Back on Earth, the political/media ramifications of the whole affair are covered well with Jeff Daniels playing an excellent NASA director, Teddy Sanders. He’s more than a simple two-dimensional pen pusher only concerned with the bottom line but is genuinely trying to do the right thinking to keep the Mars programme running in the long term. Sean Bean also played jaded flight director Mitch Henderson and provided a good contrast to Jeff Daniels’ character as he was more involved with the particular crew and flight itself. Chiwetel Ejiofor (who I’ve loved since “Serenity”), Benedict Wong (Prometheus, Sunshine), Donald Glover, Kristen Wiig and Mackenzie Davis all play other, equally three-dimensional characters who have their own roles to play in the support of the rescue mission. A great touch was the name of the “secret meeting” to discuss the rescue especially with the presence of Sean Bean.
Moving to the Hermes (the ship on which the rest of the Mars crew are returning home) the crew play more of a role in the rescue by “sling-shotting” around the Earth to place it in a free return trajectory to Mars and back. This decision is not made lightly and all the factors are discussed well without a hint of “gung-ho”. However, regarding the Hermes I found the CGI a bit unrealistic here. At times, when people were moving between chambers in weightlessness, their motion didn’t make sense and they were very slightly clunky.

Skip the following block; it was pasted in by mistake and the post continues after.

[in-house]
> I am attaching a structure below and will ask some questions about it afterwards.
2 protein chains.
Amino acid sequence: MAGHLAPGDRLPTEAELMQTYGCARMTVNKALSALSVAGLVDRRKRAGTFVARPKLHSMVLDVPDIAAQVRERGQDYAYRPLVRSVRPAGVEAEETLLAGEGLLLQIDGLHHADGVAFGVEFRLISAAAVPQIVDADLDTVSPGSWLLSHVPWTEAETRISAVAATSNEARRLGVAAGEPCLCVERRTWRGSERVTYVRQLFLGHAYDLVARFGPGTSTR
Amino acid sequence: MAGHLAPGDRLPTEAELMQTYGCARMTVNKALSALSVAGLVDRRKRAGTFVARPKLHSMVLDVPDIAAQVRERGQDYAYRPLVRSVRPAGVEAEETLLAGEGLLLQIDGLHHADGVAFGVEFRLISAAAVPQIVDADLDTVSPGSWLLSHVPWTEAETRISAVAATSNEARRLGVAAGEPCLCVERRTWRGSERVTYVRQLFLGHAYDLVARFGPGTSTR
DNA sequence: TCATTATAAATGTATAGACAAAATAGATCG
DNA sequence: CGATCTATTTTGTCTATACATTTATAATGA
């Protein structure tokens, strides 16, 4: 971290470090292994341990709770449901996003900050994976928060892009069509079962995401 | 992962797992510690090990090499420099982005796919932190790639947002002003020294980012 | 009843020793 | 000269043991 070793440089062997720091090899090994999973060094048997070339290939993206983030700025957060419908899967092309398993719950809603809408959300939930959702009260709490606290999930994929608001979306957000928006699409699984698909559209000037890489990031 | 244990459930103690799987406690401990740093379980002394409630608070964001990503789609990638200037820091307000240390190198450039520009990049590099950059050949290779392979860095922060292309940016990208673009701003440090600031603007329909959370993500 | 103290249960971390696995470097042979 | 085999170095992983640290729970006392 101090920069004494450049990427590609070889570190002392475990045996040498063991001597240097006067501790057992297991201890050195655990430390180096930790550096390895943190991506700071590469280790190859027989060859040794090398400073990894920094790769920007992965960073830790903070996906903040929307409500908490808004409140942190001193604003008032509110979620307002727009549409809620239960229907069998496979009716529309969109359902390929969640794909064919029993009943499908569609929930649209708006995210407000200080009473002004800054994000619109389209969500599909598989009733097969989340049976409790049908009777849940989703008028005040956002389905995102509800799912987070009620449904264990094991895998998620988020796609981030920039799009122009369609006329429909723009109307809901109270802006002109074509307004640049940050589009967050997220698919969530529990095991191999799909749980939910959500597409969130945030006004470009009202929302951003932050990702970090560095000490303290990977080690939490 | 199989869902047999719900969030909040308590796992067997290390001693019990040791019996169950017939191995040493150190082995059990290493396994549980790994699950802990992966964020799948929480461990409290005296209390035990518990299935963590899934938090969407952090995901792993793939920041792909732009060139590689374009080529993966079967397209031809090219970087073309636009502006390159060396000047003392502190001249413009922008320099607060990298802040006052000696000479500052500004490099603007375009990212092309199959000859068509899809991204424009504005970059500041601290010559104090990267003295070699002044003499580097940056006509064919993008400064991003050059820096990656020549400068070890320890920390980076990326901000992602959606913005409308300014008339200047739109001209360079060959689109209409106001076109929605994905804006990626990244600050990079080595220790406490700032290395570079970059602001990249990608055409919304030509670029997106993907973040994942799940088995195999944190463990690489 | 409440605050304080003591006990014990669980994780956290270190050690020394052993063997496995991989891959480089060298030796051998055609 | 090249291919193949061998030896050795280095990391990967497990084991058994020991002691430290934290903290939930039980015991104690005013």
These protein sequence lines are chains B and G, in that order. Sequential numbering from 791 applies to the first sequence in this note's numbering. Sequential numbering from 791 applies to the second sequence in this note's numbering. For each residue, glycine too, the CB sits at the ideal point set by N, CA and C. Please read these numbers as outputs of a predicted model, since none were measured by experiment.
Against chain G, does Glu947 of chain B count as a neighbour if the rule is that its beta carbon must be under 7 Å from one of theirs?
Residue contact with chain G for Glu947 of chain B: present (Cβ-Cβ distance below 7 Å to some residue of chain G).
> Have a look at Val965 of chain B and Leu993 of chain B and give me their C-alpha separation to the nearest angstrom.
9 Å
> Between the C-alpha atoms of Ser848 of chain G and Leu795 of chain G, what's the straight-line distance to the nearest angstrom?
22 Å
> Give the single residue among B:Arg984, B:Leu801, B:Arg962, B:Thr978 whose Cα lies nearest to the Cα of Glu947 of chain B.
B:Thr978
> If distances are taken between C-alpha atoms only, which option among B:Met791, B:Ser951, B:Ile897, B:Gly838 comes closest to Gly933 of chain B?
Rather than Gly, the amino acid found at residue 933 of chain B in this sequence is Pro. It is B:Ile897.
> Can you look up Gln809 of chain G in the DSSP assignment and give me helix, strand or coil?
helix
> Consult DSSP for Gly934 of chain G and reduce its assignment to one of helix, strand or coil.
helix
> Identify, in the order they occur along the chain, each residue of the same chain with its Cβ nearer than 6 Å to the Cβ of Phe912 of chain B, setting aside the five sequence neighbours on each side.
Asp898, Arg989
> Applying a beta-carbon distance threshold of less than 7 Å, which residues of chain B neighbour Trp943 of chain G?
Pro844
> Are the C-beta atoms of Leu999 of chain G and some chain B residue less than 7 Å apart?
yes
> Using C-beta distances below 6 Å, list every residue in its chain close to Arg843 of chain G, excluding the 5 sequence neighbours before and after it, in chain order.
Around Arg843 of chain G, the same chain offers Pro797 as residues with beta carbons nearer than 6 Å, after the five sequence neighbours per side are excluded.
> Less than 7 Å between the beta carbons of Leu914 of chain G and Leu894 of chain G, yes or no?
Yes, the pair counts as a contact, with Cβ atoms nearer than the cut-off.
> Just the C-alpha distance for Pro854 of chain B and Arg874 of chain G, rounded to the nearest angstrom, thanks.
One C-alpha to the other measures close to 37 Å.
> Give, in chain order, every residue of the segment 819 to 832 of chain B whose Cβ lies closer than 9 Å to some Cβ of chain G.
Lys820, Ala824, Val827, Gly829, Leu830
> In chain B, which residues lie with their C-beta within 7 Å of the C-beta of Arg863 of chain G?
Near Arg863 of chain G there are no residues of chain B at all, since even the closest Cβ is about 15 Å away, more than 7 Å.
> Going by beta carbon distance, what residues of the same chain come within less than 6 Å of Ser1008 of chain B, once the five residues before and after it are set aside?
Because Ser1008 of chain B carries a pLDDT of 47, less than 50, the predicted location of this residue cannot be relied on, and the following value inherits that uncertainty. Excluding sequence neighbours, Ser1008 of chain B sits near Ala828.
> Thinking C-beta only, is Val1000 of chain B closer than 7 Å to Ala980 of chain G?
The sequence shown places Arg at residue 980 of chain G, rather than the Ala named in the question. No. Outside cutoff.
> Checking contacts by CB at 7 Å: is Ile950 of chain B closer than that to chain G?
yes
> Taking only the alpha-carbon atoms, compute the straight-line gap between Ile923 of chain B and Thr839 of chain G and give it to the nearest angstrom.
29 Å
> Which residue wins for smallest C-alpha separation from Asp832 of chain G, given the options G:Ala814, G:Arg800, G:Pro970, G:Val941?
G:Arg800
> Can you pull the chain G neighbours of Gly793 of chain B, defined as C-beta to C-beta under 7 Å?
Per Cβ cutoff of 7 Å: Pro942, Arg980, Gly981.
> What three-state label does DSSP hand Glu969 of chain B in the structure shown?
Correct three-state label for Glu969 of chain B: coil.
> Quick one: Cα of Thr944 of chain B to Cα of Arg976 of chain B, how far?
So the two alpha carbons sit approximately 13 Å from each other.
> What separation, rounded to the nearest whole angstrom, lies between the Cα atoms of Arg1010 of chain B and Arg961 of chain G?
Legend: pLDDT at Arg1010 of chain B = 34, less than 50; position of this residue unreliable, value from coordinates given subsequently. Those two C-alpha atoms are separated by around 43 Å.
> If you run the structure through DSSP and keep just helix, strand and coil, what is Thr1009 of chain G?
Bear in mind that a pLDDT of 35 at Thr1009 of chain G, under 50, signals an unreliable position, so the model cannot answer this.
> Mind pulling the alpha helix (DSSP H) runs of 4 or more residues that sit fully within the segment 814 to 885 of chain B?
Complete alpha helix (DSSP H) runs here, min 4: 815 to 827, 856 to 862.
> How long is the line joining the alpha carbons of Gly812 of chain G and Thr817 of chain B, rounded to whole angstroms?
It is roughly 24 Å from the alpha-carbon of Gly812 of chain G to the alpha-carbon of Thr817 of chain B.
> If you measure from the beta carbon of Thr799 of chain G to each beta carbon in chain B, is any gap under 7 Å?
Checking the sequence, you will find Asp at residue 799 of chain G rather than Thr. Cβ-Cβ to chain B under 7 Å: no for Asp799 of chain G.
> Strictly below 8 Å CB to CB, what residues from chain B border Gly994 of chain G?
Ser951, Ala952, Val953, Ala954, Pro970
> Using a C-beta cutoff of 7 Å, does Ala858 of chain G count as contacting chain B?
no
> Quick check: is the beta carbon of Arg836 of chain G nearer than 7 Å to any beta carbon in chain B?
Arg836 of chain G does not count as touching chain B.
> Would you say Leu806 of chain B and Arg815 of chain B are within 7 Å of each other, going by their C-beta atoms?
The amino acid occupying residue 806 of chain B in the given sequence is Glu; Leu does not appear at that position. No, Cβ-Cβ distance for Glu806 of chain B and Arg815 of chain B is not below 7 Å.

The rendezvous with Mark using the ascent vehicle for the next Mars mission (which is a very real scenario- NASA intends to send equipment to Mars in preparation before sending manned spacecraft) seemed realistic with the crew wrestling with balancing the speed, distance and fuel required to get home. The use of the airlock to decelerate the Hermes was interesting but very convenient that it just managed to slow the craft down enough. The rendezvous got more unrealistic with Mark puncturing his suit and somehow managing to control that air flow in order to make it into contact with Commander Shaw. At that point he was getting a little irritating as he desperately wanted to puncture his suit right from the start and kept going on about it. Orbital rendezvous is far from simply so I’d be surprised if he could eyeball it that accurately. (I recommend getting into Orbiter if you’re interested in the finer points!).
I also found the dynamics unrealistic when Shaw and Watney are at either ends of a tether and starting to spin. As she pulled him in, they should have span faster and faster to conserve angular momentum but this didn’t seem to happen and just seemed to damp out with little effort on Shaw’s part with the MMU. I liked the way that such dynamics were displayed in “Gravity (2013)”
All in all, this was a great film showing how someone might survive on Mars with few supplies. Humans cannot live on much of Earth without clothes, water supplies etc. and so Mars shows this as one step further requiring air and pressure as being required too.
Rating: 4.5 out of 5